Sobibor was a Nazi German extermination camp located on the outskirts of the town of Sobibór, Lublin Voivodeship of occupied Poland as part of Operation Reinhard; the official German name was SS-Sonderkommando Sobibor.
Jews from Poland, France, Germany, the Netherlands, and Czechoslovakia, as well as Soviet prisoners of war (POWs) (many of them Jewish), were transported to Sobibor by rail, and suffocated in gas chambers that were fed with the exhaust of a petrol engine.
One source states that up to 200,000 people were killed at Sobibor. Thomas Blatt claims that "In the Hagen court proceedings against former Sobibor Nazis, Professor Wolfgang Scheffler, who served as an expert, estimated the total figure of murdered Jews at a minimum of 250,000."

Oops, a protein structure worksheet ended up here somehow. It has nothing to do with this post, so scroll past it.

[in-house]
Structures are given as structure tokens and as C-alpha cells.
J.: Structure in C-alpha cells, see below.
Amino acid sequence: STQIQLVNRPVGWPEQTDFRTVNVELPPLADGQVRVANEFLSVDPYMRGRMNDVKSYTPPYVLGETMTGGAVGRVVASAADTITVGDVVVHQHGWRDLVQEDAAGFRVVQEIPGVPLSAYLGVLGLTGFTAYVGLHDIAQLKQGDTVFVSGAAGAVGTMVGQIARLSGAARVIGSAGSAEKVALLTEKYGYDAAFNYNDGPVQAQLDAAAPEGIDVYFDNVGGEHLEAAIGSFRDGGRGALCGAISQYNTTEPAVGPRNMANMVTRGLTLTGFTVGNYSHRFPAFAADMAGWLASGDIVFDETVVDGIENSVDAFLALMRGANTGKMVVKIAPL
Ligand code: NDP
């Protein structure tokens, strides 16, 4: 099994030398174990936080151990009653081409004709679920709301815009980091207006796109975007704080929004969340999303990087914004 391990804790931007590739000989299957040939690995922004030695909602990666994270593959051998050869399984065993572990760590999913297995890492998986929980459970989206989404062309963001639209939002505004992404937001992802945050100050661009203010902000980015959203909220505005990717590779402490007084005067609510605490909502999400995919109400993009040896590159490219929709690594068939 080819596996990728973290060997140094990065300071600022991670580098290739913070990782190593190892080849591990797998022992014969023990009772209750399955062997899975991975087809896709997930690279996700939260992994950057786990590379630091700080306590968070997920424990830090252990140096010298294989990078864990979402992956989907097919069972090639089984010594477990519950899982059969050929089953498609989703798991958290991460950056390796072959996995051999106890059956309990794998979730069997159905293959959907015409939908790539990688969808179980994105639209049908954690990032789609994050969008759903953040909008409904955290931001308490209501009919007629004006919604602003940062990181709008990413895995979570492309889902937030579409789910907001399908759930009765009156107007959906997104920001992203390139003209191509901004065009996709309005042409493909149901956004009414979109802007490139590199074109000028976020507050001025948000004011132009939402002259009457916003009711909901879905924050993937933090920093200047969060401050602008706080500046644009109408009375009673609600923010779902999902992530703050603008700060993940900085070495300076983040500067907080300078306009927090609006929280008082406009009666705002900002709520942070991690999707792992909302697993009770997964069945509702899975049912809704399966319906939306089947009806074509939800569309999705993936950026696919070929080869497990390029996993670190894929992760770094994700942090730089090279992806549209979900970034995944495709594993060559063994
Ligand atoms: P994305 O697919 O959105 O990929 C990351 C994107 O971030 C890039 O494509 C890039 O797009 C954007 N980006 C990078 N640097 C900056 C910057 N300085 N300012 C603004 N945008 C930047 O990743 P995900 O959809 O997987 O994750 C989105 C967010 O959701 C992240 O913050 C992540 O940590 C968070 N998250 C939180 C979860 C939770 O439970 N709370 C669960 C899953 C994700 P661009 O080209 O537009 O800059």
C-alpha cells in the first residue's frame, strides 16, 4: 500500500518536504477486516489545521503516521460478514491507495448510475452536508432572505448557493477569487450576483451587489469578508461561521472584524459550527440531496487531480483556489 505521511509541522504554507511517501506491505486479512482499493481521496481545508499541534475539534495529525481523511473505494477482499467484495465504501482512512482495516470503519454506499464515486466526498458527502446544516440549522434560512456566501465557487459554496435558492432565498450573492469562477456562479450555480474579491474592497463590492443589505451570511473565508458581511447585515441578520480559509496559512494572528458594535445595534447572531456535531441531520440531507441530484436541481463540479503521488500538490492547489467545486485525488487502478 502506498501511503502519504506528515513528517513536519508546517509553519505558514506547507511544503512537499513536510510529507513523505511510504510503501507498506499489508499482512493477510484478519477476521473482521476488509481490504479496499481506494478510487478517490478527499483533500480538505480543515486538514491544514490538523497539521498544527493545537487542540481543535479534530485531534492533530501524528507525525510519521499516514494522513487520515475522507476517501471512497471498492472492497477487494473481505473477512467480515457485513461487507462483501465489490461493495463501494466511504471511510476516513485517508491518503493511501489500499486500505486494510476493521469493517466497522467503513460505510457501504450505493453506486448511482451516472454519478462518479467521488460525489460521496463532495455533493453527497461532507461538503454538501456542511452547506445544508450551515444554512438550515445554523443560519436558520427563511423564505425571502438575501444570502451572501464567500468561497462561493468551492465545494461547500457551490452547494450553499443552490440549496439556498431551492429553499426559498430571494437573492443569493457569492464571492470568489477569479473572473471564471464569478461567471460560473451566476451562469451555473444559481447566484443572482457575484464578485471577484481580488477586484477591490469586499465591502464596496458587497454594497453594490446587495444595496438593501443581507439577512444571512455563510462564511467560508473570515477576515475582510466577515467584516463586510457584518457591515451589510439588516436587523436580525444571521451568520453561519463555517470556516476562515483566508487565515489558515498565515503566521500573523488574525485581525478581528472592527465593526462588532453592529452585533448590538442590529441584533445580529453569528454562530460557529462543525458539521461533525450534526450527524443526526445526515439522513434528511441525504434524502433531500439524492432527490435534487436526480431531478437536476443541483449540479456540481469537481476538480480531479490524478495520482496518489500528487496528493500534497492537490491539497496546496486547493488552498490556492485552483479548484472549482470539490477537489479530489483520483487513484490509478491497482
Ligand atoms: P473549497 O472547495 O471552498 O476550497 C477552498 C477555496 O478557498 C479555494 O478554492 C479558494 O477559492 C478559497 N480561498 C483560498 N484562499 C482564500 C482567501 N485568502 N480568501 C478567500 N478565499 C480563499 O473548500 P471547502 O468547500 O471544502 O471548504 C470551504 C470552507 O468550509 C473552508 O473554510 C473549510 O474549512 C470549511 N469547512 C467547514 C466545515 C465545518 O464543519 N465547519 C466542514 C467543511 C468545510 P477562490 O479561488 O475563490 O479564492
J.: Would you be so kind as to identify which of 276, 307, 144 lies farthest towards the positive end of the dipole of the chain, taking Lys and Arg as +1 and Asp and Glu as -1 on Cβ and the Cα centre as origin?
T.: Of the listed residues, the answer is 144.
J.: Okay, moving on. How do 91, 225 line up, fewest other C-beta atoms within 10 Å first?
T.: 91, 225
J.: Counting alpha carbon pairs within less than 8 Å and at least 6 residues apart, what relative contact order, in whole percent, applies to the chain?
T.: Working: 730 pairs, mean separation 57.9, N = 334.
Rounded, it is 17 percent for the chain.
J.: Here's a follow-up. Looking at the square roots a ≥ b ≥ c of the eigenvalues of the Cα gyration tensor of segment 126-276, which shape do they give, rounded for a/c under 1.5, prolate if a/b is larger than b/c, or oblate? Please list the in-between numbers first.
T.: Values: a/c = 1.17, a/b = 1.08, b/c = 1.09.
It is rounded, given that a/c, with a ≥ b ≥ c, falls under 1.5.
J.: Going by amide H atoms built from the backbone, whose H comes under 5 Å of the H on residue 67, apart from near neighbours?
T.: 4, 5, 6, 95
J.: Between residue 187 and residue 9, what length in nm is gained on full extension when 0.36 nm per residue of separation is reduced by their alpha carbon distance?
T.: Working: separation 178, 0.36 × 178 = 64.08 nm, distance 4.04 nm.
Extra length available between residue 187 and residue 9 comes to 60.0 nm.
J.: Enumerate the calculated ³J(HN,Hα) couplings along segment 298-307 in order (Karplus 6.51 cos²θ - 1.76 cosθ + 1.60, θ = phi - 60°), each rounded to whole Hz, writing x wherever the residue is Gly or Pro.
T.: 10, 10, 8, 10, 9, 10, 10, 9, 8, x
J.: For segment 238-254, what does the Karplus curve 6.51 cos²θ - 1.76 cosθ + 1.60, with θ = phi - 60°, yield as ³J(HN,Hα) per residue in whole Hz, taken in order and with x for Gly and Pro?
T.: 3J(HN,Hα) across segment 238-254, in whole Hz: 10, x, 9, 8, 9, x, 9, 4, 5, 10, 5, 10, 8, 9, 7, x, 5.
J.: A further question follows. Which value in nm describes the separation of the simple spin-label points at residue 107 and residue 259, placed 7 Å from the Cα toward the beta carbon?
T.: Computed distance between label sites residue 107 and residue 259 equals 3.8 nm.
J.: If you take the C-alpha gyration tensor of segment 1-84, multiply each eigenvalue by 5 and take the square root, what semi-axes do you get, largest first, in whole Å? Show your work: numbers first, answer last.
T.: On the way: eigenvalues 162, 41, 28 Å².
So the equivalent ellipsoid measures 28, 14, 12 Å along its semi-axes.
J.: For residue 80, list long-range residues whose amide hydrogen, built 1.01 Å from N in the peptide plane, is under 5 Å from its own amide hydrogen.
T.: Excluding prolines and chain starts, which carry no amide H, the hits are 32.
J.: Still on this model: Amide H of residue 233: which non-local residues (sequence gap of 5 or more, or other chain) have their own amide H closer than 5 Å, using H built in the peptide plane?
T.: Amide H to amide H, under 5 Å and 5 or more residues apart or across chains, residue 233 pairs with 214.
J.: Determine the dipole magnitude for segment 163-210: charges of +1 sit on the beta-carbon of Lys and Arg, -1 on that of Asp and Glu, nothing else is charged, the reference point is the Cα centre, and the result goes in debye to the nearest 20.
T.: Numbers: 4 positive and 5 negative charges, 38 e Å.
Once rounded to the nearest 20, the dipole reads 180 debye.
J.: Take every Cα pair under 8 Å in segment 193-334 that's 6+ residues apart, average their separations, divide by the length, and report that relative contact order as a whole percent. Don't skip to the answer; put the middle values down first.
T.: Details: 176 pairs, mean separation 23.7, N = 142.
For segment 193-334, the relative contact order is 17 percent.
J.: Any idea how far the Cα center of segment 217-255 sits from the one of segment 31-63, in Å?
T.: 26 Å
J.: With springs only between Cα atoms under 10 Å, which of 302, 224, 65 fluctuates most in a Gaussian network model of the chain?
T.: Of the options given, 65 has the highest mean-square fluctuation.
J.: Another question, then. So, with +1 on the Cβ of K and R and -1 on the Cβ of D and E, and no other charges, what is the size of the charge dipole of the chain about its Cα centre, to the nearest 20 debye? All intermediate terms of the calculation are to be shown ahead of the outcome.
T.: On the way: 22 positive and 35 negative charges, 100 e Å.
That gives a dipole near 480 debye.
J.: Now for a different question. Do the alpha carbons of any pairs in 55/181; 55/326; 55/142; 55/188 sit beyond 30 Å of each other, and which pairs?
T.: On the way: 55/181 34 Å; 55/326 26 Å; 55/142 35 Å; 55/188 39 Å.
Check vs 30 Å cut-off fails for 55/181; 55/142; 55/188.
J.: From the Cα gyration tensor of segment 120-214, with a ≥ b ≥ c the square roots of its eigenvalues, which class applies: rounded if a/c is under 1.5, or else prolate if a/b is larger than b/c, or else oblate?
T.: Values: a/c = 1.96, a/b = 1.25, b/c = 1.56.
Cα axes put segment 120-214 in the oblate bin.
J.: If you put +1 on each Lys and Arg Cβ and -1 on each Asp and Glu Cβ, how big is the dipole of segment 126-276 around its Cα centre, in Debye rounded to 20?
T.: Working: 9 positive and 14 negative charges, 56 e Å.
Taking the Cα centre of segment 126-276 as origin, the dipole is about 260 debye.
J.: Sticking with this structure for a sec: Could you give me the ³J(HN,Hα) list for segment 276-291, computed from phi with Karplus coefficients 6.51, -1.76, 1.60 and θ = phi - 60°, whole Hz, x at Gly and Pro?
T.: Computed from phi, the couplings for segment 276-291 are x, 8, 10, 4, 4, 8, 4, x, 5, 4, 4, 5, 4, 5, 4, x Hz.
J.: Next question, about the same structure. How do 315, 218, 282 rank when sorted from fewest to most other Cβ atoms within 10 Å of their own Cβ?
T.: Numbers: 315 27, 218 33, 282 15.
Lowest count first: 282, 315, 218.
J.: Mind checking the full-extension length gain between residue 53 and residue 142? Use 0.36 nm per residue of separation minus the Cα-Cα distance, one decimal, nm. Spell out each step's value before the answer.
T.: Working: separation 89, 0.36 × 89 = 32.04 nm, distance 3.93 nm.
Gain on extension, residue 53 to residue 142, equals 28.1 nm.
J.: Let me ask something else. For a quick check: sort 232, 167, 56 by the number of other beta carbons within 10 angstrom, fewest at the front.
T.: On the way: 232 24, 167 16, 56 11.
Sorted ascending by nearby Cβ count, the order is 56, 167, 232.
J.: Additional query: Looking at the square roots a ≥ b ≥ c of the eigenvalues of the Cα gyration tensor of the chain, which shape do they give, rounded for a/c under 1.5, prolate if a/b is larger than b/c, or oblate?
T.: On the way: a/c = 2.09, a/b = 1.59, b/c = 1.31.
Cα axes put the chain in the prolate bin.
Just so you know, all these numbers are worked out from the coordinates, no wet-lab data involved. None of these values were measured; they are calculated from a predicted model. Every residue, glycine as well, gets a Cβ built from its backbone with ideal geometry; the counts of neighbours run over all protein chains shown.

In the month of May 1942 the largest number of Jews were gassed, more than thirty-six thousand were brought to Sobibor from nineteen communities between the Vistula and the Bug.
After a successful revolt on October 14, 1943 about half of the 600 prisoners in Sobibor escaped; although most were later re-captured and killed, the camp was closed, bulldozed, and planted-over with pine trees to conceal its location days afterwards. A memorial and museum are at the site today.
An article about Operation Reinhard in swedish Wikipedia. The construction of Sobibor, Treblinka and Belzec exterminations camps with further links to other languages.